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ALEX COHEN, host:

Back now with Day to Day, and our regular Thursday treat, What's the New What. That's our weekly series looking at new trends in young America. It's produced by Youth Radio. Today Youth Radio's Jordan Monroe fills us in on the hip new accessory. Watch out, it may shock you.

JORDAN MONROE: What's the new what? Stun guns might be the new pepper spray.

(Soundbite of popping noise and shouting)

MONROE: Pepper spray was once just a tool for police and law enforcement officers, but it became standard equipment for average consumers. Now some stun gun companies are hoping those consumers will swap their cans of pepper spray for something a bit more shocking.

Unidentified Woman: When you're in a very stressful situation, you can just go OK, I know how to use this thing, press the button and then you're done.

MONROE: These are testimonials from Taser International's web site.

Unidentified Man: It gave me a great peace of mind knowing that my wife is walking through that parking garage and she's got her hand on her Taser.

MONROE: Now, here's Steve Tuttle, representative for Taser International, a leading company in the stun gun market.

Mr. STEVE TUTTLE (Representative of Taser International): What we're telling people is that when you've gotten millions of violent crimes per year occurring here in the United States, there is no denying that we've got an issue with personal safety. There's no scare tactics beyond that.

MONROE: OK. No scare tactics. But this music from Taser International's website does make me a little afraid. So I asked USC professor and author of "The Culture of Fear", Dr. Barry Glassner, is this feeling that we need to protect ourselves justified?

Professor BARRY GLASSNER(University of Southern California, Author "The Culture of Fear"): We live in about the safest times in human history, and about the safest place in human history, in the United States right now. And yet there's this generalized fear out there of the mysterious stranger that's out to get me and to get my children and my family. Because that's what we have had promoted to us by people who are selling themselves in campaigns or selling products.

MONROE: So fear sells, but how about if you can also look good? Some tasers come in pink and leopard print, and are even equipped with MP3 players. So I'm a little confused here. Is it a weapon, or is it an accessory?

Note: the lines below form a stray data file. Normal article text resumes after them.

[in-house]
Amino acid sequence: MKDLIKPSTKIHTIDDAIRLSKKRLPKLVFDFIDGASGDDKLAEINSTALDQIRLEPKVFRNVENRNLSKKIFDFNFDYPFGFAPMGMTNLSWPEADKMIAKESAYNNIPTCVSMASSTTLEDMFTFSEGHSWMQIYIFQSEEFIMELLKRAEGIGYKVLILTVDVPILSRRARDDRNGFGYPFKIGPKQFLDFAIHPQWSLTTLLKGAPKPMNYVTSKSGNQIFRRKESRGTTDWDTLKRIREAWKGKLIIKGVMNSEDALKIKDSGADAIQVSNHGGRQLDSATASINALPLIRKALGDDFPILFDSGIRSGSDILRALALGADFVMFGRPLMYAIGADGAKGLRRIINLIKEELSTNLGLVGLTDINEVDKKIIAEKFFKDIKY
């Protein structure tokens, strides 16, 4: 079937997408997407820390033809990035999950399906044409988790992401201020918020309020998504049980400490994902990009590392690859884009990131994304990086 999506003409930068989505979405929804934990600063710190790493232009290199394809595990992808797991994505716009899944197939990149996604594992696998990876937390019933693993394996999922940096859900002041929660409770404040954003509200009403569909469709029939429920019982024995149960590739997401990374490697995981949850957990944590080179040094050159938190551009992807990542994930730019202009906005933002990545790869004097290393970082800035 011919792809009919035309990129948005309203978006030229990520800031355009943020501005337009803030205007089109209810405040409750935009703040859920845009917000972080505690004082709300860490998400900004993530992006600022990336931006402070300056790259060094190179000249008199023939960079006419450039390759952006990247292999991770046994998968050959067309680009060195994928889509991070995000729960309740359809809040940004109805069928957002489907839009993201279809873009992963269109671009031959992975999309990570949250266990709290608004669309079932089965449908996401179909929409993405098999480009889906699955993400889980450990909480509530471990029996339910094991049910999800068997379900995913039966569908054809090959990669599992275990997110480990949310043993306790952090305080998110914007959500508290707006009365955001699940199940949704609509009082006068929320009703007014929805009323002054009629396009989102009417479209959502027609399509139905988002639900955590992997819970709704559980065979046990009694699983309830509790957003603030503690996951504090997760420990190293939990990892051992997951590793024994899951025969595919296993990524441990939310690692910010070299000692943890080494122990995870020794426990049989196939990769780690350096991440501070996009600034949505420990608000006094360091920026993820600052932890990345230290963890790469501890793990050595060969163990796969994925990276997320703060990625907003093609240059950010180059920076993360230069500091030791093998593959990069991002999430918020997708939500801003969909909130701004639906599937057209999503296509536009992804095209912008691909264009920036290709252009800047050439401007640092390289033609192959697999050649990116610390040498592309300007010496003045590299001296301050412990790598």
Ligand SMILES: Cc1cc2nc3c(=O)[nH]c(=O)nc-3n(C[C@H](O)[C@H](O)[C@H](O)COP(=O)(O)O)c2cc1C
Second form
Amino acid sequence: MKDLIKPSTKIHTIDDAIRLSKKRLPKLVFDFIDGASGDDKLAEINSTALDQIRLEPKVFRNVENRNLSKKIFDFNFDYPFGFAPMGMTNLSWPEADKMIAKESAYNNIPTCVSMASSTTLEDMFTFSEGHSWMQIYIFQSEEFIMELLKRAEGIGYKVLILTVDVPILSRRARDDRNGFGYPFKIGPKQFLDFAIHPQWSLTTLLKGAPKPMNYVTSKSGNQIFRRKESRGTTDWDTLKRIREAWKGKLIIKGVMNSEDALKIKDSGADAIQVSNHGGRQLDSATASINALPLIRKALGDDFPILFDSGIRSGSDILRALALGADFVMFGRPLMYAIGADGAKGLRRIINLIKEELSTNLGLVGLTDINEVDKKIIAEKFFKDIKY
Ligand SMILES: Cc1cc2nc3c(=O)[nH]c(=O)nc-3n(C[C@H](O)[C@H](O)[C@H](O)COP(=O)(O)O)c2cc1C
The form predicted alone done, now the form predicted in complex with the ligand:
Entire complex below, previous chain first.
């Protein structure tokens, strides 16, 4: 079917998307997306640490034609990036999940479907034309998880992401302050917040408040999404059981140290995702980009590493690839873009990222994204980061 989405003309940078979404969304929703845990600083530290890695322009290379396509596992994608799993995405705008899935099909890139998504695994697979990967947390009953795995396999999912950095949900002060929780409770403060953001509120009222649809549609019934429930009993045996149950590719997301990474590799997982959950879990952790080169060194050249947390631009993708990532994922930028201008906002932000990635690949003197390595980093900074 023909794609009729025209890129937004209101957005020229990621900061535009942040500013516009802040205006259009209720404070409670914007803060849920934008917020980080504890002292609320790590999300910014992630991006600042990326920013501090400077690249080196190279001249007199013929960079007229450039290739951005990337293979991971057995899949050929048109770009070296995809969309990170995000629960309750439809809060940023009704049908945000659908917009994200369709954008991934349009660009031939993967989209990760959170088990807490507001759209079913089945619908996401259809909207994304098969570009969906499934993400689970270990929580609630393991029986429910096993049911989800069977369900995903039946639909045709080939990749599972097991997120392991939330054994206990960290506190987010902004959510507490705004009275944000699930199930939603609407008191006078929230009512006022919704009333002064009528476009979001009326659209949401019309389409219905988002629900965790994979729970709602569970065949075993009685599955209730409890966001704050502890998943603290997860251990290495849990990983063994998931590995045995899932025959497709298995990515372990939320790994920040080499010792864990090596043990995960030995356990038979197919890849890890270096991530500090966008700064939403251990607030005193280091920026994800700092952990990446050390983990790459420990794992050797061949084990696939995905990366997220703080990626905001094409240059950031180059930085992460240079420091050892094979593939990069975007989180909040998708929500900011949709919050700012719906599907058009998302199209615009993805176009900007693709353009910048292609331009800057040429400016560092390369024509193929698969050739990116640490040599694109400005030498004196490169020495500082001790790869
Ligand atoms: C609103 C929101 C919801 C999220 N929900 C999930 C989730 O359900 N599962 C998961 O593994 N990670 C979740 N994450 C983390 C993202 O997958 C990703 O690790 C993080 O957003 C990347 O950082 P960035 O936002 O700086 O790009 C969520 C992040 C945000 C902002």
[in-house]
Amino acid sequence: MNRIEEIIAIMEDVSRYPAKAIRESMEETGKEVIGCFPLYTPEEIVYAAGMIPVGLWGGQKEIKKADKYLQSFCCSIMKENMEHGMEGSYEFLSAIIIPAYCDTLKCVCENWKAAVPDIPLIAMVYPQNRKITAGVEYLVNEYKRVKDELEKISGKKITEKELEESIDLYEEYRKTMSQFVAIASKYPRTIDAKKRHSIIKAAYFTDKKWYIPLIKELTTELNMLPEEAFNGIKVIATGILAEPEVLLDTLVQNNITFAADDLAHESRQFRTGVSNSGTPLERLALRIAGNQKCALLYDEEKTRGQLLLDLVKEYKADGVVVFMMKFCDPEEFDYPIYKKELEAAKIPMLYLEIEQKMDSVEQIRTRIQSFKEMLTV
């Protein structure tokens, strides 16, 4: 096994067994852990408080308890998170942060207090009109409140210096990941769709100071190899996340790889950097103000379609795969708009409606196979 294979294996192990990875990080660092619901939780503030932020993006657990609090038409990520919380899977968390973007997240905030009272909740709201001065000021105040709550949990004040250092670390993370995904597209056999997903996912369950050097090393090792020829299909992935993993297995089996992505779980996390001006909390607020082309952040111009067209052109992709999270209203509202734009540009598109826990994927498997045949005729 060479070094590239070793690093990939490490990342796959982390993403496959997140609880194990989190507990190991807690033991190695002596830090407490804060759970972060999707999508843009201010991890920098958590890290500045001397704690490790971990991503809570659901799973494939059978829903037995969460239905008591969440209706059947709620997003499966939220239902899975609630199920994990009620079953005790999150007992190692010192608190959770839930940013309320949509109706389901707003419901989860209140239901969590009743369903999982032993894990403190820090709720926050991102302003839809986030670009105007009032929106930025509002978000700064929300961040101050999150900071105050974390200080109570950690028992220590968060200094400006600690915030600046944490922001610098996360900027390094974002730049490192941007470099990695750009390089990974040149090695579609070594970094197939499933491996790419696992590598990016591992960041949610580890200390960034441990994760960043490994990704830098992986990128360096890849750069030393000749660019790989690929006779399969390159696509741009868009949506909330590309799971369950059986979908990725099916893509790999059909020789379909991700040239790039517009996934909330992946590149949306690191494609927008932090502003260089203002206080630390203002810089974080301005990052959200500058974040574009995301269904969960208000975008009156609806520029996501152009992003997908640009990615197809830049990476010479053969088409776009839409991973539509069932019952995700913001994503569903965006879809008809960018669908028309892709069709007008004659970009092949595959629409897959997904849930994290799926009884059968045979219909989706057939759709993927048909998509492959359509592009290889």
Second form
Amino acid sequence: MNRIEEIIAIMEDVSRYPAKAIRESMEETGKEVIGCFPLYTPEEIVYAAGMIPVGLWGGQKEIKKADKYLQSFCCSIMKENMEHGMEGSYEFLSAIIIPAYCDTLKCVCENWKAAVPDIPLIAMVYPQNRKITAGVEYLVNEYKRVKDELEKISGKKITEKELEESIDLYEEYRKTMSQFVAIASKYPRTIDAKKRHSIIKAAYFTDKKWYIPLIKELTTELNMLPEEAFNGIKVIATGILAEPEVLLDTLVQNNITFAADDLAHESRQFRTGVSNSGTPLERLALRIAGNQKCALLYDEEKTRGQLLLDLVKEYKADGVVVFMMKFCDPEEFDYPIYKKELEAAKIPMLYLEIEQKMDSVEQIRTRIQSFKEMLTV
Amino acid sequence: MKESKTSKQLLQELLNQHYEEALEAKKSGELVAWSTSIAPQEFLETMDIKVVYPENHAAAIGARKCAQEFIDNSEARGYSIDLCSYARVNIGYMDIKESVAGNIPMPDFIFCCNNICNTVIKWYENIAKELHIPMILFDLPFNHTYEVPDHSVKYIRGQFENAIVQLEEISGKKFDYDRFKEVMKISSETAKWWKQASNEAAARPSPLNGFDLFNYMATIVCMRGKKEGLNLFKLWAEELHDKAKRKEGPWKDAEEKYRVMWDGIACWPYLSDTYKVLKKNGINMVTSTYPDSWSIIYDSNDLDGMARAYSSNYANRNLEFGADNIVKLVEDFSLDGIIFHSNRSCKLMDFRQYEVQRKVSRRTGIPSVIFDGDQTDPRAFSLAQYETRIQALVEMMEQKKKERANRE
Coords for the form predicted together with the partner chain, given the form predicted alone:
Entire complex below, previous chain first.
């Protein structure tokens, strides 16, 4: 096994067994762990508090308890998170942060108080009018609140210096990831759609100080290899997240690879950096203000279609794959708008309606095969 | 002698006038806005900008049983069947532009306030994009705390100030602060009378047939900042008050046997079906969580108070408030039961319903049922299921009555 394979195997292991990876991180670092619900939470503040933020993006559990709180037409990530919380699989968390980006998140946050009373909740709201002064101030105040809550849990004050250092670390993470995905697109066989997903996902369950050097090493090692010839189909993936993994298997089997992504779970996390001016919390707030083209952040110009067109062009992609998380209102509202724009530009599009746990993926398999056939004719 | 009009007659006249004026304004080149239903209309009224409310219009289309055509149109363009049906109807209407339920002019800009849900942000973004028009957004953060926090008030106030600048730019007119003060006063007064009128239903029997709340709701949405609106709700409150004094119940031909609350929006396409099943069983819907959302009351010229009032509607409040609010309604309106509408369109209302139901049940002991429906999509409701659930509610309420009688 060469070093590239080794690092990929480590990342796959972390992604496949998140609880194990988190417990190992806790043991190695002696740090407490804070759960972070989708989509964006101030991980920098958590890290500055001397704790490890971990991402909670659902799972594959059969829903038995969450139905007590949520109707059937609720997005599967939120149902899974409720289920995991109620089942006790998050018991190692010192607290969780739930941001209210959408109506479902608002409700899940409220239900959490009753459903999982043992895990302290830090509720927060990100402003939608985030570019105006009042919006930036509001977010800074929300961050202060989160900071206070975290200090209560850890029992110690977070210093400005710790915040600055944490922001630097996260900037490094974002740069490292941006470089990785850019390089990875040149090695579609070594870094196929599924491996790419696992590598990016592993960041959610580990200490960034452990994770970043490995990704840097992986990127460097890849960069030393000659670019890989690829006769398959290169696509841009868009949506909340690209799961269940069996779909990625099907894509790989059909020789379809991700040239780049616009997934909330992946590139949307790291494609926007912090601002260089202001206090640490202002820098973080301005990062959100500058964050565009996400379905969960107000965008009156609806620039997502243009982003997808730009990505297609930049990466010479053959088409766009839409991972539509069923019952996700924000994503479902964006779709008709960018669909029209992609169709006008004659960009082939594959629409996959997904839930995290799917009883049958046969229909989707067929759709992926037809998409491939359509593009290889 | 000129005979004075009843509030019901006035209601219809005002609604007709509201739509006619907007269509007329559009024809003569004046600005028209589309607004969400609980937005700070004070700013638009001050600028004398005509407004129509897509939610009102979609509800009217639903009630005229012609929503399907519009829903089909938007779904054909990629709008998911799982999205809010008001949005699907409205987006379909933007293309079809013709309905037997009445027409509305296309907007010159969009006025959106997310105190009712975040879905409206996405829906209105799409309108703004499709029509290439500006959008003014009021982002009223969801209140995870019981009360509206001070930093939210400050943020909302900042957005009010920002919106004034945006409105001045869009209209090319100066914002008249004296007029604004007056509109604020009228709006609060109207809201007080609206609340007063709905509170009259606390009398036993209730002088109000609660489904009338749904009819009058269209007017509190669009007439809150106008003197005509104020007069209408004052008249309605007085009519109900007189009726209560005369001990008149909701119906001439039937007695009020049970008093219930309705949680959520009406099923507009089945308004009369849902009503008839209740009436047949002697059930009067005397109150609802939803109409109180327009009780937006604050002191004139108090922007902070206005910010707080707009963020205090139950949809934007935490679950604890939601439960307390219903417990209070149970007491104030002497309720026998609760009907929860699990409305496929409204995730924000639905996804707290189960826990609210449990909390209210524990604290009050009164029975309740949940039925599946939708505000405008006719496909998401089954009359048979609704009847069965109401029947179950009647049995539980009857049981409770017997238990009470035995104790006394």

Mr. TUTTLE: You know, there is some confusion when you look at the website.

MONROE: Steve Tuttle of Taser International.

Mr. TUTTLE: Is it a gimmick? Is it an accessory? No. What it is, is we're making personal safety fashionable. If it's not fashionable, the women aren't going to carry it and, quite frankly, the men aren't going to buy it for their spouses and their girlfriends.

MONROE: This attempt to be fashionable is a bit too much, according to USC Professor Barry Glassner.

Prof. GLASSNER: But it's not surprising, because what we're trying to do here, if we're a company selling these sorts of things, right, is to make them more socially acceptable, and to make them cool!

MONROE: Making stun guns cool might take more than just slick advertising. The devices have been stigmatized by well-known incidents like this one.

Mr. ANDREW MEYER (Student Activist): Don't tase me, bro!

MONROE: When campus police from the University of Florida tased a student activist.

Mr. MEYER: Ow! Ow!

MONROE: Law enforcement agencies are facing legal challenges for their use of stun guns. And Amnesty International blames the devices for contributing to nearly 300 deaths.

Mr. MEYER: Oh my god!

MONROE: But America's chronic fear might catapult stun guns from police holsters to women's purses. And if that happens, I think we'll have to admit that stun guns might just be the new pepper spray.

(Soundbite of music)

COHEN: Youth Radio's Jordan Monroe with this week's What's the New What. To listen to past What's, and last week we stunned quite a few of you, go to npr.org/what.

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